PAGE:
The First Sign

How are these words to be understood? What the mother of Jesus says here is at least as interesting as what Jesus himself said. Keep in mind that she has no more information regarding what Jesus might do than we do. He has not yet done any of his signs, which means that he has not yet publicly revealed anything about himself. Her belief that Jesus can and will do something is not based on anything she has thus far seen him do.

Remember, this is his first sign. Think of the mother of Jesus as occupying a mediating position between Jesus and the disciples This mixture of incomprehension and compliance is surely part of the meaning of the story. Without knowing any of the details, the mother of Jesus clearly believes he can make a difference if he wants. And she is right.

Everything now depends on whether or not the servers obey the command issued by Jesus’ mother, “Do whatever he tells you.” The miracle itself begins with a description of six stone water jars having the capacity to hold 20 to 30 gallons each.

……………………………………………………………………………………………………………………………………………………………..

POPE FRANCIS RECALLS THE WEDDING FEAST

“It is Our Lady who became aware of the problem and discretely brought it to Jesus’ attention. And he intervened without fanfare, almost without being noticed. Everything took place with discretion, everything took place ‘behind the scenes’ — Jesus told the servants to fill the jars with water, which became wine. This is how God acts: with closeness and with discretion.”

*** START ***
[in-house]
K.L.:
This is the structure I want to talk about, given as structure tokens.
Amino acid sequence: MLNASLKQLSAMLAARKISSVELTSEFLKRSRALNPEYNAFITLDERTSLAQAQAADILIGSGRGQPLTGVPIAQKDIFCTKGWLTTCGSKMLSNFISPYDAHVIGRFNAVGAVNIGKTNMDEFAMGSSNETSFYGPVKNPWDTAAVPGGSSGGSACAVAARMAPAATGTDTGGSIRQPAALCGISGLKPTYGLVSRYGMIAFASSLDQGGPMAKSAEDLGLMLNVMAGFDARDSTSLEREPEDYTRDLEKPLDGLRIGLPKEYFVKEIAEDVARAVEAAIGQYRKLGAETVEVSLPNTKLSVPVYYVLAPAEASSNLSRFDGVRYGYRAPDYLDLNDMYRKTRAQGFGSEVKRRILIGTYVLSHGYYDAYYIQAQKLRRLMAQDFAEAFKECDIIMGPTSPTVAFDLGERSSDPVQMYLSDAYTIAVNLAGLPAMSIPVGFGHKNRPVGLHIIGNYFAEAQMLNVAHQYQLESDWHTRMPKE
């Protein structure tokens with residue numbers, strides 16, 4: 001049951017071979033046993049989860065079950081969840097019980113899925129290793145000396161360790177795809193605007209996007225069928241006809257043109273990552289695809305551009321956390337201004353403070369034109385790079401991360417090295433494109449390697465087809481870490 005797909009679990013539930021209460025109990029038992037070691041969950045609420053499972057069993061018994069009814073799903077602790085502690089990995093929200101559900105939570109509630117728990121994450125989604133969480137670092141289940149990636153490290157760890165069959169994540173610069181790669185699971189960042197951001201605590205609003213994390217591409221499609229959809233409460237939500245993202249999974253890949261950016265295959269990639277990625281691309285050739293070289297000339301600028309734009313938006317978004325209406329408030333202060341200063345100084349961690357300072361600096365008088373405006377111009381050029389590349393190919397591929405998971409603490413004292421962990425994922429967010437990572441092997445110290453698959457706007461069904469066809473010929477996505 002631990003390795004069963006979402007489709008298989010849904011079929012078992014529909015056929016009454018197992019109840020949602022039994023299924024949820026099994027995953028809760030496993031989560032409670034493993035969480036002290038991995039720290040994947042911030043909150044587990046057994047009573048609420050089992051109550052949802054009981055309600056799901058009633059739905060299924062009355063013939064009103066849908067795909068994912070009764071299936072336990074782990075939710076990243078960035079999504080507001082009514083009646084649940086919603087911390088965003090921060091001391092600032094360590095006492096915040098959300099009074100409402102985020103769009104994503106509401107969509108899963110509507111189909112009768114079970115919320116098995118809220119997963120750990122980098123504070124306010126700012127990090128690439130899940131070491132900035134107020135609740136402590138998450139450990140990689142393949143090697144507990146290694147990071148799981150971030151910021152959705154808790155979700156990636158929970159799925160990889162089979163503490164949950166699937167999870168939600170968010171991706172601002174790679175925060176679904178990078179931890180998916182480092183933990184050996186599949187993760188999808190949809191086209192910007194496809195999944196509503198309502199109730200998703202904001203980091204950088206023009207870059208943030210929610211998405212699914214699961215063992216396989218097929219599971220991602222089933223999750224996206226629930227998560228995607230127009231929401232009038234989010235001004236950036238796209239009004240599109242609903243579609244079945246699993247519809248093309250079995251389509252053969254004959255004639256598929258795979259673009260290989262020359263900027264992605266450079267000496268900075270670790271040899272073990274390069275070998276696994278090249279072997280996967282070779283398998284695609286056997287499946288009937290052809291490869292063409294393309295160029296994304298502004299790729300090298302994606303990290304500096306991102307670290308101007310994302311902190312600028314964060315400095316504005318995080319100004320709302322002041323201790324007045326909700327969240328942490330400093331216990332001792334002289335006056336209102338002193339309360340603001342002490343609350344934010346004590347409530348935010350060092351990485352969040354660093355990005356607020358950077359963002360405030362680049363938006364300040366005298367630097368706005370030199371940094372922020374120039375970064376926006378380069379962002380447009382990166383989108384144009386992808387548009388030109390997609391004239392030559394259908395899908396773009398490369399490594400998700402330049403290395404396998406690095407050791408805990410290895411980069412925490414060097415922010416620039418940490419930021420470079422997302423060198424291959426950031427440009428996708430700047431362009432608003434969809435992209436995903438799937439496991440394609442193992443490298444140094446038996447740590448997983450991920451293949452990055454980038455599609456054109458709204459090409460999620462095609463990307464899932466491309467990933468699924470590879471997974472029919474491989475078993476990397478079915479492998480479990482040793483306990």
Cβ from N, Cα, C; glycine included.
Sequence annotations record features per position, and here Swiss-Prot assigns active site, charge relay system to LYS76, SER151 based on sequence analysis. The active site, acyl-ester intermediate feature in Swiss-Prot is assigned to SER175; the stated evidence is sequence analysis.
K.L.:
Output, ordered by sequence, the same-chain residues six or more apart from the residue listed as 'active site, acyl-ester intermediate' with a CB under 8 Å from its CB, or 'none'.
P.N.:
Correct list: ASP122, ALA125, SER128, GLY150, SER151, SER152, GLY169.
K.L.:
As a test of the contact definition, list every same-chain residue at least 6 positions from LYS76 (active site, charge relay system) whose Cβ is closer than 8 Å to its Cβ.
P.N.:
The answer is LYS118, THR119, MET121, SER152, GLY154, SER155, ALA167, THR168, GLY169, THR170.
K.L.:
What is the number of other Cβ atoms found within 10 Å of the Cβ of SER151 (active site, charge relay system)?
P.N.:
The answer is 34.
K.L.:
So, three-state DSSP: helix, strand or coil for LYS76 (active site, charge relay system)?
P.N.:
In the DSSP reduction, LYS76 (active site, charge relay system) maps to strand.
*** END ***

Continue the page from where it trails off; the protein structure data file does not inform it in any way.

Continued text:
— Angelus address, Jan. 16, 2022

………………………………………………………………………………………………………………………………………………………………

Stone jars were used for Jewish ritual cleansings since stone was understood to be free from ritual impurity. Purification rituals included the washing of hands, feet, eating utensils, cups, plates and pots of all kinds. Notice how everything about this description is overdrawn.

Jesus walking on the sea
Jesus Christ walking on the sea. Tony Baggett/AdobeStock

Everything points to extravagance. Jesus instructs the servers to fill the stone jars with water and then draw some out and take it to the headwaiter. In between the filling of the jars with water and taking some of it to the headwaiter an extravagant miracle took place. The water has been transformed into choice wine, and we have no idea how this happened. The miracle is never described. The headwaiter has no idea what has happened, except somehow this choice wine, which should have been served first, was being served last.